Thursday, 28 June 2012

Setting a focus and blur event for TinyMCE

I've been very busy because of work, working out and other things, and have therefore not really been able to update this blog, but I'll be sure to try and update the blog more often. I'll probably end up importing the contents into a WordPress installation on my server.

Outside the usual life stuff, I've been working on a new project with a friend, and should hopefully be on line in about a week. With this project we needed some sort of input of course, one of those (the biggest one) was an text area, however, I wanted to allow users some basic mark up,  name, bold, italic and underline. While there were many ways of implementing this, I thought the best way was to implement a WYSIWYG that would allow only those mark ups, and TinyMCE is one of the best.

I’ve never really worked with any WYSIWYG editors, and I needed to customise this to only allow the HTML tags strong, b, em, i, and u. All this should not have any attributes. The editor would not have any toolbars and whatnot, which meant creating a custom theme. This was fairly easy by stripping apart the simple theme. None of this was the real challenge though.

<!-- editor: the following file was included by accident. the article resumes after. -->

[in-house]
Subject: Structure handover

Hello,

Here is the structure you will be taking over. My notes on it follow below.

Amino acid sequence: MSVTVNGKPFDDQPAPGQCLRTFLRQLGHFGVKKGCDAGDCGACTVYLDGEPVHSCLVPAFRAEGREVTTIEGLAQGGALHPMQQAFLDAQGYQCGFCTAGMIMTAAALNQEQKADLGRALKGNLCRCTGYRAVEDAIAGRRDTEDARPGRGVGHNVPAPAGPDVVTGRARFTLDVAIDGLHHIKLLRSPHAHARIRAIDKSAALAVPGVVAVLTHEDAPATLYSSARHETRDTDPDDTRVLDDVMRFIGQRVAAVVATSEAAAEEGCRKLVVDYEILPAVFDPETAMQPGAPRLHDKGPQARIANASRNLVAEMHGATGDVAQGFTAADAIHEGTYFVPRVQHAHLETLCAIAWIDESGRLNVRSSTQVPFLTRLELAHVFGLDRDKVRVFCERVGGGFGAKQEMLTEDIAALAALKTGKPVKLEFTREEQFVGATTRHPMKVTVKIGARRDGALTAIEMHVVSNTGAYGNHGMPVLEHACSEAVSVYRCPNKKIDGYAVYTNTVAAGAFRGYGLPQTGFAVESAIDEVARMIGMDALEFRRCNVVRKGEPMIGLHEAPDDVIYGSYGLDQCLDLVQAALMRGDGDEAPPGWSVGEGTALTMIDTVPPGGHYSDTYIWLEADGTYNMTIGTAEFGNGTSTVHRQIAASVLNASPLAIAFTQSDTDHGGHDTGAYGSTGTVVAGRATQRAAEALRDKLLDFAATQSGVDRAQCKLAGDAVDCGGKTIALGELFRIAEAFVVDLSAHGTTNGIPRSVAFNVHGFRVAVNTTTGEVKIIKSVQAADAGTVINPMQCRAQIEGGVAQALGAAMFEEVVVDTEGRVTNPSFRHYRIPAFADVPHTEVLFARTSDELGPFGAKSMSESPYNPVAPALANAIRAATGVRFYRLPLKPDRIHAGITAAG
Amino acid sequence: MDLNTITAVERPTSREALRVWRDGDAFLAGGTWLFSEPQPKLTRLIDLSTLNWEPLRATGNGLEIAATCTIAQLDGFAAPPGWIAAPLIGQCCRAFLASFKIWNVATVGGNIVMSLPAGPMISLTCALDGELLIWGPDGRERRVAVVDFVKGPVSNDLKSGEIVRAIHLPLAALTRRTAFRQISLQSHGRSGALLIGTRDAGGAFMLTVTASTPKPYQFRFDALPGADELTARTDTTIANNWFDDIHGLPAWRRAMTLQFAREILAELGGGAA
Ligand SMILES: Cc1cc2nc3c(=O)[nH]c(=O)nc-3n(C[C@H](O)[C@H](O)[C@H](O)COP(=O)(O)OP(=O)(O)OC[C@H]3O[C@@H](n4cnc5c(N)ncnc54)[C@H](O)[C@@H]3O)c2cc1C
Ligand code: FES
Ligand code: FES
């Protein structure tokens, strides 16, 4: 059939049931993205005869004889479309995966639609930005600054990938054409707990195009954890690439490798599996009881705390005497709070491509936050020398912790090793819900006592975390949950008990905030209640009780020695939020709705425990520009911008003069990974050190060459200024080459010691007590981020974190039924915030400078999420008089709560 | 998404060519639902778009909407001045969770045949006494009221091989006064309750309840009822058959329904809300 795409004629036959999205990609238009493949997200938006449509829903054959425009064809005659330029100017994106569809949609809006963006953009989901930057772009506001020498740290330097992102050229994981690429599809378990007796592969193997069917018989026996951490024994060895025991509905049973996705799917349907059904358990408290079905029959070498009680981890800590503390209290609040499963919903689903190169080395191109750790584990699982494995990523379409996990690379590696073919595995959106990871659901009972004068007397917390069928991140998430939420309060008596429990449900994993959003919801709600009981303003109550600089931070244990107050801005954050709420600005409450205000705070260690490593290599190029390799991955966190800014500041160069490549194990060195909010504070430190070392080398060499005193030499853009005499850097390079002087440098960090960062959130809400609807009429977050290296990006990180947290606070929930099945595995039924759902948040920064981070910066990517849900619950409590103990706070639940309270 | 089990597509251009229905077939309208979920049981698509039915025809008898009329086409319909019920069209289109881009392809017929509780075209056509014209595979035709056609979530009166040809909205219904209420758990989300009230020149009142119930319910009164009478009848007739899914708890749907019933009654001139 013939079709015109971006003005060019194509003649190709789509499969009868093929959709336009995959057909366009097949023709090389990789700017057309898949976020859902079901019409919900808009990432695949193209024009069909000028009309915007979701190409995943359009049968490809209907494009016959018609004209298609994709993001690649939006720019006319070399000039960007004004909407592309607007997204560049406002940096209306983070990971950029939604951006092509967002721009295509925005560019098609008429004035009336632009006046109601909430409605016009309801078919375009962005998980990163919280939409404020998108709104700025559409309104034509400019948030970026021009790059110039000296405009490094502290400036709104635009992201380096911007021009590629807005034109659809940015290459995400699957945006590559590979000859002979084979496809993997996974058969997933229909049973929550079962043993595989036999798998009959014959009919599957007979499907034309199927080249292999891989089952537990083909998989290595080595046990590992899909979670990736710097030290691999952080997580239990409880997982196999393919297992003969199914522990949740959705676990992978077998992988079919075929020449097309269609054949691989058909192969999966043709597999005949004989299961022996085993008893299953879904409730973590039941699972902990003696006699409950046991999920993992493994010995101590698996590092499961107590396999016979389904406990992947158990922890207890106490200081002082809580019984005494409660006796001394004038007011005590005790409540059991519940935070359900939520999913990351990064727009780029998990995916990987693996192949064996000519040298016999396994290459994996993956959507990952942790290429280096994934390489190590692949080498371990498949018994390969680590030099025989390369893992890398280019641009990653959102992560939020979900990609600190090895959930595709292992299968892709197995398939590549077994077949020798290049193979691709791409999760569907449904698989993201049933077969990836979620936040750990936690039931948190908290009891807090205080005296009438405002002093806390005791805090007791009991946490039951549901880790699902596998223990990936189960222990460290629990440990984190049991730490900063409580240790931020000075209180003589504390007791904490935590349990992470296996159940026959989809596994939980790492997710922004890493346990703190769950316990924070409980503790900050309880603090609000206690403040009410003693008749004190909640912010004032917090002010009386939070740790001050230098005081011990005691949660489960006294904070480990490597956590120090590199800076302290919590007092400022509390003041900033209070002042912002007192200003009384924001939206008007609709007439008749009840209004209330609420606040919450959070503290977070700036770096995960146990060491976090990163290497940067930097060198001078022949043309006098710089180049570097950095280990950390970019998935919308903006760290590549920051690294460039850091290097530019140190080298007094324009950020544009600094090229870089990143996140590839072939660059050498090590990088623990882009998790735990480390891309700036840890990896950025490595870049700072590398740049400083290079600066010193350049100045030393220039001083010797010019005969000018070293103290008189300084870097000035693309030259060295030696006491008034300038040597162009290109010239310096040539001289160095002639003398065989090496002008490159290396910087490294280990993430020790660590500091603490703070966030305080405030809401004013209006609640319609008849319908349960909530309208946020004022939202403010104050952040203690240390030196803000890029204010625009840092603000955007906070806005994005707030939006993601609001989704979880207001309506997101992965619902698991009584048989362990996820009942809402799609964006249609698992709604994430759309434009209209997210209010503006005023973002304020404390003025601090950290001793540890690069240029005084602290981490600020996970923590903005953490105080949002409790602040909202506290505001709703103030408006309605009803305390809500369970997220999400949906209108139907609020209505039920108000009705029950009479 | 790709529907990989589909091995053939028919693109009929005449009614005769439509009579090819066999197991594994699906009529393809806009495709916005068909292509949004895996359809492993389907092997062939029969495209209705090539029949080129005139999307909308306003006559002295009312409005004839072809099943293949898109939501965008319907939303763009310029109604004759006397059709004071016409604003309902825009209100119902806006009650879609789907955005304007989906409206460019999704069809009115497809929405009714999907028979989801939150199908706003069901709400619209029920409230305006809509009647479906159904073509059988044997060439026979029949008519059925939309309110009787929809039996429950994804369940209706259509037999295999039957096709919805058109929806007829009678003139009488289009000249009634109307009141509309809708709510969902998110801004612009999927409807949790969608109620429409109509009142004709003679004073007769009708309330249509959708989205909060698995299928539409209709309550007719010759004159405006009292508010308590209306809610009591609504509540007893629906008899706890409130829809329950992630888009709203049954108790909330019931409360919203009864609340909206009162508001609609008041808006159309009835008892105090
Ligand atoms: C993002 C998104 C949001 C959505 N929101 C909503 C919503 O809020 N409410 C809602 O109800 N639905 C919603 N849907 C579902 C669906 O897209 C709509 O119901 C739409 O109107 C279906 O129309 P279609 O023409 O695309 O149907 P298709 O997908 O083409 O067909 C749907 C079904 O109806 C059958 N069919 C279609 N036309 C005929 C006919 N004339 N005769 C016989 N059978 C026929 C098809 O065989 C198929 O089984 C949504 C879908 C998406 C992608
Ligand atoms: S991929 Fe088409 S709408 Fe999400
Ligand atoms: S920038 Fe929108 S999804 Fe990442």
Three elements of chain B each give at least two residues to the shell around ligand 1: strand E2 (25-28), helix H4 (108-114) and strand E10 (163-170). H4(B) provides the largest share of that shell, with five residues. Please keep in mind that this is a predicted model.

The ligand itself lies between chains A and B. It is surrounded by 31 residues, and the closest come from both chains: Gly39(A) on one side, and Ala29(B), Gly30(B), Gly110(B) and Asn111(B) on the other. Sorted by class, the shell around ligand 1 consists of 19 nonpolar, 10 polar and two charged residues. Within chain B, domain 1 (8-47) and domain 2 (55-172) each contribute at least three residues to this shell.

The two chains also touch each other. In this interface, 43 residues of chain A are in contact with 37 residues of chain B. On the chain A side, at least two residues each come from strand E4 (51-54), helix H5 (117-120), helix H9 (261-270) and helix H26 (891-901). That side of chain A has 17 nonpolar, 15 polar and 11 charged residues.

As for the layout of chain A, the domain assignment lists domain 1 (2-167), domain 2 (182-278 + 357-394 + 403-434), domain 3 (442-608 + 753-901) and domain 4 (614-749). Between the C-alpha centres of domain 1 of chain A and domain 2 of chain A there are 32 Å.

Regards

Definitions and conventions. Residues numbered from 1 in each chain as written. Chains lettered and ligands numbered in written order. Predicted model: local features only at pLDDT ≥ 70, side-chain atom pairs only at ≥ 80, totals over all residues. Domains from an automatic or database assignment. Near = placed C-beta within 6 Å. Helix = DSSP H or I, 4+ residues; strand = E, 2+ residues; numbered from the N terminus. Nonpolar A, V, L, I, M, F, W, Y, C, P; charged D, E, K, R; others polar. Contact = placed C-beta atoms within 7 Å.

It seemed that there was no “proper” way of doing an event handler for focus and blur that would work in a cross browser environment. There wasn’t much online to help this, bits and pieces everywhere, but no definitive answer. So I am here to share with you the definitive answer!

You need to add an onInit function and add a blur/focus event properly; however, the element needs some checking. The element and the whole setup function are as follows:

Highlighted using GeSHi
  1. setup : function(ed) {
  2.     ed.onInit.add(function(ed) {
  3.         var dom = ed.dom,
  4.             doc = ed.getDoc(),
  5.             el = doc.content_editable ? ed.getBody() : (tinymce.isGecko ? doc : ed.getWin());
  6.         tinymce.dom.Event.add(el, 'blur', function(e) {
  7.             console.log('blur');
  8.         })
  9.         tinymce.dom.Event.add(el, 'focus', function(e) {
  10.             console.log('focus');
  11.         })
  12.     });
  13. }

The trick, as most of you JS heads will have seen, is the variable el. Where it checks if TinyMCE used content_editable, in which case it gets the TinyMCE body, otherwise it checks if it’s a Gecko engine, in which case it gets the document, and finally if none of those, it gets the document window.

Hope that helps you out! :)

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